English-Taught Degree Programs and the Internationalization of Political Science in Poland
By Dorota Pietrzyk-Reeves, Jagiellonian University in Krakow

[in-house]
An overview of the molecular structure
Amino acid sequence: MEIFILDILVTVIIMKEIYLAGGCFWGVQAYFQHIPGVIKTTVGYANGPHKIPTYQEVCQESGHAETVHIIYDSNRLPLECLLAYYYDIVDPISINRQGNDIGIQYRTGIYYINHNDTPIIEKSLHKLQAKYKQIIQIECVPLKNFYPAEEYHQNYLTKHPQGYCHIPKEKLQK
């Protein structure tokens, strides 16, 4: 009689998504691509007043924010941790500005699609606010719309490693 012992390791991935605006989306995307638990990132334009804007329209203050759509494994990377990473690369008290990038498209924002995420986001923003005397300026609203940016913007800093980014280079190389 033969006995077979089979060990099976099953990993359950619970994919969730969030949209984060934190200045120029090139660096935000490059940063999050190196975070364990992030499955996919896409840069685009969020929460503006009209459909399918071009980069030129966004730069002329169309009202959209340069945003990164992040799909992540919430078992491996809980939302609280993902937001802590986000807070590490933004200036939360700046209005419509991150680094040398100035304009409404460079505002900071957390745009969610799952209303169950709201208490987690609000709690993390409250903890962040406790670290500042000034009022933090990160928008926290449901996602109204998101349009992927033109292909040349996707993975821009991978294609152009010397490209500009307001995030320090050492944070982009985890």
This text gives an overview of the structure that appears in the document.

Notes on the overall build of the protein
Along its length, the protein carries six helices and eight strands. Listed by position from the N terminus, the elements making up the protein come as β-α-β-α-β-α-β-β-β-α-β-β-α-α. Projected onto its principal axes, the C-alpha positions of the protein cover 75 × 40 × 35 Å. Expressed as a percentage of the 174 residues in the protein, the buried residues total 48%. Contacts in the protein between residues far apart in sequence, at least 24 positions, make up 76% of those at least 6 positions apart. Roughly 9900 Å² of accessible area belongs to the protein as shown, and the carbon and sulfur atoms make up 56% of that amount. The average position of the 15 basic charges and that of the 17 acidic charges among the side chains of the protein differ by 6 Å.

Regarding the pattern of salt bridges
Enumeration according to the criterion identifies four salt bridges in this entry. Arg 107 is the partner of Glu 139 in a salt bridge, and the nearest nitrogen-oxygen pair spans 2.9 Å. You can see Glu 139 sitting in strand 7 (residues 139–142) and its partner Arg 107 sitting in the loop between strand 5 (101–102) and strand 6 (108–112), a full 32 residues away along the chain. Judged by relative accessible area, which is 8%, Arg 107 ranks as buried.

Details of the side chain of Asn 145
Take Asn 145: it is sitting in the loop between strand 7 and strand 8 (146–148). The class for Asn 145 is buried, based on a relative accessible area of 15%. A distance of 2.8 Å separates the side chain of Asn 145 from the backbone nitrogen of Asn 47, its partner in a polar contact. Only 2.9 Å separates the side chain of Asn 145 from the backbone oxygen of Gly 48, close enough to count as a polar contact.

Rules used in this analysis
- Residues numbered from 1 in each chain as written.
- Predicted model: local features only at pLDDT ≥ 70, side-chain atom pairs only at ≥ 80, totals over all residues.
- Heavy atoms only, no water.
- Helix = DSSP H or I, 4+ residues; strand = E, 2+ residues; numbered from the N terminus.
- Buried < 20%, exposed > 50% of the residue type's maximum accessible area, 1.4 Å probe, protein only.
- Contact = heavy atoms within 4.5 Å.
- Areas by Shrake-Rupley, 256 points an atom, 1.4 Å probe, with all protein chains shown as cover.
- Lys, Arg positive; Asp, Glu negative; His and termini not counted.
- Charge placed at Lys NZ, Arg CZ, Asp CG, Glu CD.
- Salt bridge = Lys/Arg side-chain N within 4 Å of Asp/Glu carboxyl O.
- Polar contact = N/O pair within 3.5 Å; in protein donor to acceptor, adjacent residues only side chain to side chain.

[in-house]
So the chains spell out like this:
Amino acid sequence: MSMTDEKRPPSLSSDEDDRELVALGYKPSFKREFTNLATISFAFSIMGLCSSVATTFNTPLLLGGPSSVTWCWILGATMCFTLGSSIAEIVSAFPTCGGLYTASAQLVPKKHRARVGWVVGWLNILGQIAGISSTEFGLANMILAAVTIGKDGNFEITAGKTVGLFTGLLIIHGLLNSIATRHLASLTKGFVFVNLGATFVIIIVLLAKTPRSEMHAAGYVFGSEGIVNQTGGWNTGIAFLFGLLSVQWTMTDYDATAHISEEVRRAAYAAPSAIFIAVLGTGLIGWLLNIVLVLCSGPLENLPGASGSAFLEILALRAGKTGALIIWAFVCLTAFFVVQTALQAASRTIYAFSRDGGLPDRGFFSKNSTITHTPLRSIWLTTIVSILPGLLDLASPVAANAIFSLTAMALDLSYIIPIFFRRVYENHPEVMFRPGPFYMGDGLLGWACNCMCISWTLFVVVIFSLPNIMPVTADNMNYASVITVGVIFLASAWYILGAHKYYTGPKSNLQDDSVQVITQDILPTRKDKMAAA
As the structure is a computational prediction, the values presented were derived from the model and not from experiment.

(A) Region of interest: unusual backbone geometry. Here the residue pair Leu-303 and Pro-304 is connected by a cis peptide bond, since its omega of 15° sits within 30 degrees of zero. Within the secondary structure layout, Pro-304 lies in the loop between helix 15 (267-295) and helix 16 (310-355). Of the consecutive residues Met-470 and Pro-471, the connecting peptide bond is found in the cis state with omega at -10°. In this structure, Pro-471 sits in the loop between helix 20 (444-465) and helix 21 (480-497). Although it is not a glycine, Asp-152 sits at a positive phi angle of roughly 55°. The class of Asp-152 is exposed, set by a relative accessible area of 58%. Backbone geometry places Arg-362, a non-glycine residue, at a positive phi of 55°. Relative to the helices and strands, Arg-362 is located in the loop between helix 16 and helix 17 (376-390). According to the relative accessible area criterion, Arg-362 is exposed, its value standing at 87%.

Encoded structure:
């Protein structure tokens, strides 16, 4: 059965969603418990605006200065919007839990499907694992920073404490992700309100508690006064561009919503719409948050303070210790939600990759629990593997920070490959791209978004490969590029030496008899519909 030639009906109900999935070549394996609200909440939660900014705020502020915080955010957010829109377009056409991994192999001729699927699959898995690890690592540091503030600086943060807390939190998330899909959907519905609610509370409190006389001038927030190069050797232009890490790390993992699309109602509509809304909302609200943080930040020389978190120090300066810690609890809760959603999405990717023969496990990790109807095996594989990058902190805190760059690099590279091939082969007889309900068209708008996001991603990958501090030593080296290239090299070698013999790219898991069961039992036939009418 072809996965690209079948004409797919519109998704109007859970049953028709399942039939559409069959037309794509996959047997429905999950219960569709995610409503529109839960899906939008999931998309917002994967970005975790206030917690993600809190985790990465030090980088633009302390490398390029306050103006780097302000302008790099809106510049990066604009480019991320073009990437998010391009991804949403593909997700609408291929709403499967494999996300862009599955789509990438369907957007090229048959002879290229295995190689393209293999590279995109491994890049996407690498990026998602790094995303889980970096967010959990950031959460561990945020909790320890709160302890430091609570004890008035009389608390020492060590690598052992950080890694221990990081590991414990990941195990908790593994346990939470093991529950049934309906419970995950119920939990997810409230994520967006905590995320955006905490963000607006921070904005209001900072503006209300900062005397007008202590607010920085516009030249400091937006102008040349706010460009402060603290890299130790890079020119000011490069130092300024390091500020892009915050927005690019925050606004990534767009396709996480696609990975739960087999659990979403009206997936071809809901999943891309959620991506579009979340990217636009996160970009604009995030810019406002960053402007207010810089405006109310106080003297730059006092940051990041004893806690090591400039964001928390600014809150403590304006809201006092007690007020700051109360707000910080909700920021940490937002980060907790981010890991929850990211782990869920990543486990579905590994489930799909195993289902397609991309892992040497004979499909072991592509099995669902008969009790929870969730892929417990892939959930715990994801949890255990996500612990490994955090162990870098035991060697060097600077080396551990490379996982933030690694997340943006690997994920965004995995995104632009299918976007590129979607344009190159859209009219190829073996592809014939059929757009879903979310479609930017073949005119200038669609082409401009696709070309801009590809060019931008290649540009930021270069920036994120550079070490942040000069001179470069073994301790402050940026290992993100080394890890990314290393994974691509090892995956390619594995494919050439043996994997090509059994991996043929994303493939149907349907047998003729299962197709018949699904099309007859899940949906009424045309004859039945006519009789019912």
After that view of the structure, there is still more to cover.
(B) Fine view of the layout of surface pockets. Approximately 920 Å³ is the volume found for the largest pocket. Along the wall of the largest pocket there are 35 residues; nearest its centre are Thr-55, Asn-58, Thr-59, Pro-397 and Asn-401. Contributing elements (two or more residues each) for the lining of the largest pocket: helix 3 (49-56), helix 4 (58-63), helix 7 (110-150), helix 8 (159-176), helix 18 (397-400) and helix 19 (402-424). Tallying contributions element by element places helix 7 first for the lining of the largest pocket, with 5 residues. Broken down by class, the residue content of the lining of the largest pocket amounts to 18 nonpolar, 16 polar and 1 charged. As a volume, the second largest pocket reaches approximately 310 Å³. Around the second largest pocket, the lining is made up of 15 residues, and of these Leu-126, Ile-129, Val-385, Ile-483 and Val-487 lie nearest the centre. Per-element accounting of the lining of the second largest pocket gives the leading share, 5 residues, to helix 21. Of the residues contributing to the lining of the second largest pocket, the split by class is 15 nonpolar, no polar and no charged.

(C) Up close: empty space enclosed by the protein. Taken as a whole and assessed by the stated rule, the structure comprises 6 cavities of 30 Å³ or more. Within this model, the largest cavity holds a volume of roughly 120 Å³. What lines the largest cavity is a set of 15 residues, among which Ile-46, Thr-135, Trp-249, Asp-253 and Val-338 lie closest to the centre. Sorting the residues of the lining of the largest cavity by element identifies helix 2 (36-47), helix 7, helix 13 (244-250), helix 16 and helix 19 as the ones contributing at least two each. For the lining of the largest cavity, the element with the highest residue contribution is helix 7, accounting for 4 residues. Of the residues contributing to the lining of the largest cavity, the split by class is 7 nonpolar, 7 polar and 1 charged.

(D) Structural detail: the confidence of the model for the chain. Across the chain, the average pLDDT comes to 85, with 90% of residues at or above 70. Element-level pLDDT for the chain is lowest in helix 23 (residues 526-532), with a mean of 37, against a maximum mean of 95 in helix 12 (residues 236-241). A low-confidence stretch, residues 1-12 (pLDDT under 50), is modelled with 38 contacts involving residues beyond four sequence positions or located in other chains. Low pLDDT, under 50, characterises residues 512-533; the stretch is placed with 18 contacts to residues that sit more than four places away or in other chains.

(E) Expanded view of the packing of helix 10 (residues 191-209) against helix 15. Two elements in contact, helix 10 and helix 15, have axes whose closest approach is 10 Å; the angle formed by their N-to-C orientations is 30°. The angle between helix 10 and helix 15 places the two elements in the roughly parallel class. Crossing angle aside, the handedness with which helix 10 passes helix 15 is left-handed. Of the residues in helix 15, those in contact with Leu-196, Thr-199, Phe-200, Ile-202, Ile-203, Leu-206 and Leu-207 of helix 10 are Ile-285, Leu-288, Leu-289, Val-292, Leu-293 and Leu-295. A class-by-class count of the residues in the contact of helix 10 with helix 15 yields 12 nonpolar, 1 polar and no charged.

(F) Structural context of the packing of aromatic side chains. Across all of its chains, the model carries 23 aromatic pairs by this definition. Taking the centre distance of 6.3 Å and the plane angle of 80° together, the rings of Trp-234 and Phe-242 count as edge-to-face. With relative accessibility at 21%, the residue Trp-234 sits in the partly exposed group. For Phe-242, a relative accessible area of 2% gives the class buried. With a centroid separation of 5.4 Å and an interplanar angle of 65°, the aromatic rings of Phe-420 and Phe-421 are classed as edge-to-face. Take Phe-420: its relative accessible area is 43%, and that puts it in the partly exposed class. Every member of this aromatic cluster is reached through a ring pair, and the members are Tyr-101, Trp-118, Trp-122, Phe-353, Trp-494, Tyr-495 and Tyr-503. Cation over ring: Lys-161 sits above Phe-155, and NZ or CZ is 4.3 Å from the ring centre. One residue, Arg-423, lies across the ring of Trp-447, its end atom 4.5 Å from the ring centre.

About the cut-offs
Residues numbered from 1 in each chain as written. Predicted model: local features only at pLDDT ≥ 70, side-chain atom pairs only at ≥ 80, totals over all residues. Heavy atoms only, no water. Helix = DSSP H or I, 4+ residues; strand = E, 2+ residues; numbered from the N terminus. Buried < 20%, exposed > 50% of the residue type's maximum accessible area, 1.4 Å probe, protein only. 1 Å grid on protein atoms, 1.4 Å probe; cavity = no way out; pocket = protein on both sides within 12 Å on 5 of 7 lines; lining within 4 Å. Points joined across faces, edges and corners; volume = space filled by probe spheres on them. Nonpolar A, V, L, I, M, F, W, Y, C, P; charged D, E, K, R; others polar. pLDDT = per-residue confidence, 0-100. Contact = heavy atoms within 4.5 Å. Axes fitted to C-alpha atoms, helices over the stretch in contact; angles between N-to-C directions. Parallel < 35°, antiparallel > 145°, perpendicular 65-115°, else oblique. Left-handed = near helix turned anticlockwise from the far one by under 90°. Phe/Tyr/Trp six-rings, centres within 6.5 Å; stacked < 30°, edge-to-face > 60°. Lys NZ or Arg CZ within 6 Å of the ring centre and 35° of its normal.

Poland, Lithuania, and Estonia are the only countries in Central and Eastern Europe (CEE) that have adopted official strategies for internationalization in higher education (Crăciun 2018, 100). These strategies provide incentives for public universities and impact their specific development strategies. Understood as an intentional process of integrating an international and/or intercultural dimension into the goals, functions, and delivery of higher education, internationalization aims to improve the quality of national education and research and their global impact (De Wit and Altbach 2021, 29). More generally, it is a set of strategies that promote the idea of internationality in higher education. One strategy is the development of English-taught degree programs (ETDPs) in non-English-speaking countries. This Spotlight article illustrates that offering international ETDPs in the field of political science requires not only internationalization of the curriculum and student learning outcomes 1 but also may significantly strengthen the internationalization of research. Moreover, internationalization of research in political science may contribute to further development of international degree programs. This trend is visible in some CEE countries, especially Estonia, Poland, the Czech Republic, and Hungary. 2 EDTPs usually are offered by leading public universities and private institutions to increase additional revenue and achieve better results of internationalization. Based on nine interviews conducted at three political science departments in Poland, we contend that the benefits of these education and research statistics and existing scholarship accrue when teaching and research in the area of internationalization are treated intentionally as supportive of one another. Thus, the development of ETDPs is designed to contribute to the quality of education and international visibility but it also enhances research potential in political science.